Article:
2016 Fantasy Baseball

2016 Fantasy Baseball: Waiver Wire — First Basemen Edition

It’s still very early in the fantasy season, but we all get itchy trigger fingers sometimes. That key player you were counting on has gotten off to a slow start. At first base, we can see a number of players that aren’t living up to the advanced billing. Of course, through 40 or 50 plate appearances, anyone can look like a dog or a hero. The two biggest early season goats are Freddie Freeman and Lucas Duda. Naturally, that can turn around at any moment.

One possible solution is to transfer those guys to the bench and pick up a player playing a little better at the moment. That way you aren’t completely giving up on them, but you aren’t keeping them in your lineup where they can bring down the ship. So let’s take a look at a few guys that might be available. Keep in mind that players must be available in at least 90 percent of leagues in Yahoo and ESPN for consideration here.

A part of proper scouting for waiver wire adds is understanding what to look for. Granted, if someone better than these guys is available in your league you should add them. I just don’t want to get your hopes covering a guy that has a fifty/fifty chance of being available. What we like to do is compare players with their average competitor to get a frame of reference. If a player is at or better than the average in almost every category, they likely will be a good addition. Let’s look at the average first baseman in comparison with the average catcher (who we will covered last week) so we can get a better idea of what we are working with.

Catcher .255 11 39.6 45.2 1.6 30.8
First Base .269 20.7 63.2 73.2 3.1 54.6

When we look at the players below, we are simply going to rate them in each individual category as to how they compare with the average regular at their position. If they rate better than the average they will get a + sign. If they rate as worse than the average they will get a – sign. Of course, we will look at each player individually later.

Mike Napoli 6% 7.9% M +
Ryan Howard 5% 5.4%
John Jaso 5% 18% +
Mark Reynolds 2% 1.4% M
Billy Butler 2% 4.2% + M + +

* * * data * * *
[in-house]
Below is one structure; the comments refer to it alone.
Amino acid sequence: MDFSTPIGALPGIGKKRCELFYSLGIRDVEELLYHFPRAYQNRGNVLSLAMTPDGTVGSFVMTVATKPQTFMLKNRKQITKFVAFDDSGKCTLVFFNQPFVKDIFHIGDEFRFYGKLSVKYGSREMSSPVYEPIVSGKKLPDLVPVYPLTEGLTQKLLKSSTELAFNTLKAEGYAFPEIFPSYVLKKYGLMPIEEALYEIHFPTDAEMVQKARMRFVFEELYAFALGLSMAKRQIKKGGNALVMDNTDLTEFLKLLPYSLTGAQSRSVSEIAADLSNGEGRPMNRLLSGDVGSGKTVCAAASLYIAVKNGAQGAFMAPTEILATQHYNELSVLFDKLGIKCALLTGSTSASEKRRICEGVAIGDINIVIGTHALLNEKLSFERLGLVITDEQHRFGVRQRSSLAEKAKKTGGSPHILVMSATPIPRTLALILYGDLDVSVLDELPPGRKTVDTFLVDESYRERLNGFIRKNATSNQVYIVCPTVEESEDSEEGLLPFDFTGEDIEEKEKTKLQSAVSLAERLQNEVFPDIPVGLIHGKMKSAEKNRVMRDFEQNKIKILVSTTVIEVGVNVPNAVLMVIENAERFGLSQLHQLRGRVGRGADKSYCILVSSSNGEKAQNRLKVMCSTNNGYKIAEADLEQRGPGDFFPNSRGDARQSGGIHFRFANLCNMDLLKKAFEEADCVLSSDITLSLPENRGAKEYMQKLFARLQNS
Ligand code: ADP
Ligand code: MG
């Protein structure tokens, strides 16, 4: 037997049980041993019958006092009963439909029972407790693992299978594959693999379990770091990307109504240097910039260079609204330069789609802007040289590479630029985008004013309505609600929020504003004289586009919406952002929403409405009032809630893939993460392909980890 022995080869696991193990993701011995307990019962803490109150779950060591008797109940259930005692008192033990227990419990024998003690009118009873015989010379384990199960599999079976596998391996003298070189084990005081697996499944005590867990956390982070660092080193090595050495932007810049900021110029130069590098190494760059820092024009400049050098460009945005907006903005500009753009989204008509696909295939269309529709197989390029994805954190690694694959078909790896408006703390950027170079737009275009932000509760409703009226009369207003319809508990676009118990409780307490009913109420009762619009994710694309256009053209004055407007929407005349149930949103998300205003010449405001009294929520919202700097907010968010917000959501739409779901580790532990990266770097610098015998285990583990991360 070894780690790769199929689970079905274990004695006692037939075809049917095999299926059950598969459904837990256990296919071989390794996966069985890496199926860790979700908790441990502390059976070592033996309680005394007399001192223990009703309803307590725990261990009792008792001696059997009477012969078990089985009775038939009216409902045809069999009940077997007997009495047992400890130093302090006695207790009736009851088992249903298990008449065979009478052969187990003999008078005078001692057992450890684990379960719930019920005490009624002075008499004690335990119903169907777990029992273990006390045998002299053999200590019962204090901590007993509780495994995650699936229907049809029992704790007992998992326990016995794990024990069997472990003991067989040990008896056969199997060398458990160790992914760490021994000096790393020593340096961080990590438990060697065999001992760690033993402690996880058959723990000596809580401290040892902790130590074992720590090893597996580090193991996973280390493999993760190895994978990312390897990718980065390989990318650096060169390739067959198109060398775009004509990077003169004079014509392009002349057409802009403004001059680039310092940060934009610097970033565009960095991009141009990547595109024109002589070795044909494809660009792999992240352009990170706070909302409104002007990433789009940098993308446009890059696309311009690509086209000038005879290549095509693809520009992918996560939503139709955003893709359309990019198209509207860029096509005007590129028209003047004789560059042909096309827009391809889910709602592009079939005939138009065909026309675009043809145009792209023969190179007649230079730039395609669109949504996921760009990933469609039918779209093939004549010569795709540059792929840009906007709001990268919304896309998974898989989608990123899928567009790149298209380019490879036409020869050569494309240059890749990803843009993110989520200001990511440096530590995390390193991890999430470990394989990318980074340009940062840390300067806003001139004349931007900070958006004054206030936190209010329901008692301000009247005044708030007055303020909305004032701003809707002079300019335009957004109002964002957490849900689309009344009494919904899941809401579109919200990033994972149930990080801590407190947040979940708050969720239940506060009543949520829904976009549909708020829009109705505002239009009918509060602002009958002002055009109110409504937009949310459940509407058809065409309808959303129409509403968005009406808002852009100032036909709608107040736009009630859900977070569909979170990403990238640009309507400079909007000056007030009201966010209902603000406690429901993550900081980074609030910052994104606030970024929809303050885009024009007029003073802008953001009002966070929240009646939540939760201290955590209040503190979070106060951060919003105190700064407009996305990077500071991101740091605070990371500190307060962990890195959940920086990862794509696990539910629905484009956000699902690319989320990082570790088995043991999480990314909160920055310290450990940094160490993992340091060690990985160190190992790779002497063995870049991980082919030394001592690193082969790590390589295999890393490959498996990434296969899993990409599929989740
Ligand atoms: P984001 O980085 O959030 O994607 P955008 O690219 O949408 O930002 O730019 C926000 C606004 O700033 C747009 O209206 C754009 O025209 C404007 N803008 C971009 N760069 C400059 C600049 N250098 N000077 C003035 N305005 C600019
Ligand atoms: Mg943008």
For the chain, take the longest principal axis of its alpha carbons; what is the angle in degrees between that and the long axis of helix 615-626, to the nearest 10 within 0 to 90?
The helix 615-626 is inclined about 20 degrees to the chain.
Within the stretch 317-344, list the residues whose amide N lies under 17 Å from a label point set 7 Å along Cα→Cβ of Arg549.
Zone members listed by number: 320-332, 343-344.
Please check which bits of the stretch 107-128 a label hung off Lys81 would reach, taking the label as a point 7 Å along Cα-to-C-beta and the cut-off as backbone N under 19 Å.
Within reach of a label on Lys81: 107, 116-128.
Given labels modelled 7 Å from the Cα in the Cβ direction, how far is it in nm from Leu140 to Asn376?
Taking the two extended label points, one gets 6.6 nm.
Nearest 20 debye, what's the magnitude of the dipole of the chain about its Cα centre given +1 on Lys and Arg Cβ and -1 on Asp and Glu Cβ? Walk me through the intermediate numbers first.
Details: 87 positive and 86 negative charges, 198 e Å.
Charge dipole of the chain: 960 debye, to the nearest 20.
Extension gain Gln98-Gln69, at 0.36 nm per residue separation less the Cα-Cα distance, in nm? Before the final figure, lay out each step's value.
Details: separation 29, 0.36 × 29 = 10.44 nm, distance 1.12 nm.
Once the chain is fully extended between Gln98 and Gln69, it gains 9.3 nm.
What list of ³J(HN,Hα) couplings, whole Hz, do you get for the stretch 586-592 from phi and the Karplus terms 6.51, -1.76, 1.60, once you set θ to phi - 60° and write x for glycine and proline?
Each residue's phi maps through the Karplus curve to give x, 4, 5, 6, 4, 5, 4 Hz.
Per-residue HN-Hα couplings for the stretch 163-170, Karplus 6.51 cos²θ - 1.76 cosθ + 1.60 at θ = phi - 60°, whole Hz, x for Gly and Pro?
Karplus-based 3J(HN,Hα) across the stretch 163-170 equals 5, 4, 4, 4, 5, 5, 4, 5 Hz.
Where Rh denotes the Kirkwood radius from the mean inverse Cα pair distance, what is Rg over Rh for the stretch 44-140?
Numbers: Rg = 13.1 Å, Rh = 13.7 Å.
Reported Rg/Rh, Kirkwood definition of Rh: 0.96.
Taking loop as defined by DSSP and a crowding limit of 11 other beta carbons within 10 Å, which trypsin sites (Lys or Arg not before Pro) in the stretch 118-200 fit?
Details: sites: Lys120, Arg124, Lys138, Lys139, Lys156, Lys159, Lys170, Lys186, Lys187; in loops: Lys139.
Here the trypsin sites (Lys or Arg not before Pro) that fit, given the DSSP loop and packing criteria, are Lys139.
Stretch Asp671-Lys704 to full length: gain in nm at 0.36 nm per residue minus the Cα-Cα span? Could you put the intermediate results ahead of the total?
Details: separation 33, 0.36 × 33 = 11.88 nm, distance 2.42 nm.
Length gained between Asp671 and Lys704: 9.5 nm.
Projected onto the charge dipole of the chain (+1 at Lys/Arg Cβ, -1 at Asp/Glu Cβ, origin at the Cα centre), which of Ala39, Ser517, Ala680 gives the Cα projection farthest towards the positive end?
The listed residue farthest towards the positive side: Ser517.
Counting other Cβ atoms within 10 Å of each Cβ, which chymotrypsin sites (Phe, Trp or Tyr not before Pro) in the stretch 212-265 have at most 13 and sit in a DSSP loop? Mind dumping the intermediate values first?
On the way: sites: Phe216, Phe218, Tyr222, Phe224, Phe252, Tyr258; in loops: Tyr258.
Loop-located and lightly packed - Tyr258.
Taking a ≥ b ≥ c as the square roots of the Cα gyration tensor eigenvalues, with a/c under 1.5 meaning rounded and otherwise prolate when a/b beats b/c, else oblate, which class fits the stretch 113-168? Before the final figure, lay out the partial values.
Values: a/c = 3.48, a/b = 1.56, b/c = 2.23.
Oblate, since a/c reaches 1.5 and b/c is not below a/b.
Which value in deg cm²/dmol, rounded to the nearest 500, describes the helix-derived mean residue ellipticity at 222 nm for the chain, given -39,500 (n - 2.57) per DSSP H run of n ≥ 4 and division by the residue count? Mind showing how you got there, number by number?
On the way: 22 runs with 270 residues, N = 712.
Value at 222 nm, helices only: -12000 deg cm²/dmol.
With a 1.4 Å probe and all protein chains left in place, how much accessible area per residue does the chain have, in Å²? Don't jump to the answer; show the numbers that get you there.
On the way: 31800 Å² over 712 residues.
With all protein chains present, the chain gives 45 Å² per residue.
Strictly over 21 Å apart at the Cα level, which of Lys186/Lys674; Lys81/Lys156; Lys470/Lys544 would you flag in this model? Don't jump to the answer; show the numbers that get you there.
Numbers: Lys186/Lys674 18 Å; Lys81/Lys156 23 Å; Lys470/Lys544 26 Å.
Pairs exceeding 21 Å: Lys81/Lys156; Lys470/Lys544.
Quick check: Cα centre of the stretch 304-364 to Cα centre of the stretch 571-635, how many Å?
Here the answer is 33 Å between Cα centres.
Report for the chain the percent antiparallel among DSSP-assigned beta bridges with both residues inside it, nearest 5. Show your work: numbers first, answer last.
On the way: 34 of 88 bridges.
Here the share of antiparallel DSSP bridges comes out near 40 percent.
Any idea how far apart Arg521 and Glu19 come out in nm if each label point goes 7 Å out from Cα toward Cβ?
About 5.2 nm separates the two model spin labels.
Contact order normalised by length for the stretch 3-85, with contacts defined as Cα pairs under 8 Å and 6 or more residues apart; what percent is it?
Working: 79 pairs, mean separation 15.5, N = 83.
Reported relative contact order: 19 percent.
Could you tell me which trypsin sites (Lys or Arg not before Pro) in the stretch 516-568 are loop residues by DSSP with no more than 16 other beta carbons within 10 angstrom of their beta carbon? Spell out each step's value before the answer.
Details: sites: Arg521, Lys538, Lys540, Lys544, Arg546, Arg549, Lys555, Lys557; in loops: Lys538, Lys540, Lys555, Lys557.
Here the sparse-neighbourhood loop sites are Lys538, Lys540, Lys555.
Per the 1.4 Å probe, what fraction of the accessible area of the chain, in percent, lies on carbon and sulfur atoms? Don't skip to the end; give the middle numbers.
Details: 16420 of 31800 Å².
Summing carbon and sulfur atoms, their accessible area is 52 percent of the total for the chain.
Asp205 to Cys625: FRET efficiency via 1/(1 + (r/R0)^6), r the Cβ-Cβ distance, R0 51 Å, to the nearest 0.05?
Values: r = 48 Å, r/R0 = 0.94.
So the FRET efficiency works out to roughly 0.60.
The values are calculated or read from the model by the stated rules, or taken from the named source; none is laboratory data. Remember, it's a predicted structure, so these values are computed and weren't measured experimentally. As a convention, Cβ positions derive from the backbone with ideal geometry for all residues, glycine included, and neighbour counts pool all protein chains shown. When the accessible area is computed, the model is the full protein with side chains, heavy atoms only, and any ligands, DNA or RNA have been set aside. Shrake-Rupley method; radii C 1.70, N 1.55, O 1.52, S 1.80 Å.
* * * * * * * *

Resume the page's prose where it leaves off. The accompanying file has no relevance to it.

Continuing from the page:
In keeping with the as much in common with the last piece, if the player was particularly close to the average at the position, then we put a M in the slot for median. It is fairly certain that the player is a middle of the pack performer in that particular category. Let’s look in order of preference for these particular players.

John Jaso

The numbers above represent the player’s four year average in each category. Jaso’s highest point in plate appearances during that time was 344. He is also eligible at catcher in some leagues, so he has some added value. If he reaches 500 plate appearances, he will likely surpass the average in batting average and walks. He could approach it in runs scored as well.

Billy Butler

Butler is one of those players where the four year average is not particularly helpful. He has been in steady decline in each of the past four seasons since his career best season in 2012. The Athletics will platoon him, so he likely won’t get the counting numbers you are looking for, but he might be okay to preserve batting average in the short term.

Mike Napoli

Anything is possible I suppose, but the odds seem to be against Napoli being a quality offensive player, but the numbers following his trade to Texas were solid and they are solid in the early going this season. The problem is that his best asset (patience) is only useful in six category leagues. He could be a nice stopgap until your regular guy is ready to produce again.

Mark Reynolds

In Spring Training in Major League the manager is watching Pedro Cerrano deposit balls into the trees and off the scoreboard and openly wondering why no one else picked him up. Then he saw him try to hit curveballs. There’s always a place for someone that hits a ton. There’s also a reason why those guys go from team to team to team to team. Colorado is the latest destination for the slugging first baseman. If he plays regularly he will hit 20 or more home runs. He will also hit around .220 and strike out over 100 times.

Ryan Howard

Believe it or not, he’s off to a good start. This is his contract year and probably realizes he will be unemployed if he doesn’t hit better than he has in recent seasons. He seems destined to hit .230 with over 100 strikeouts. If he can accompany that with 20+ home runs, he will have some fantasy relevance. This is particularly true in leagues that utilize the 1B/3B and UTIL slot. Otherwise, he won’t offer you league average performance in any category other than home runs.

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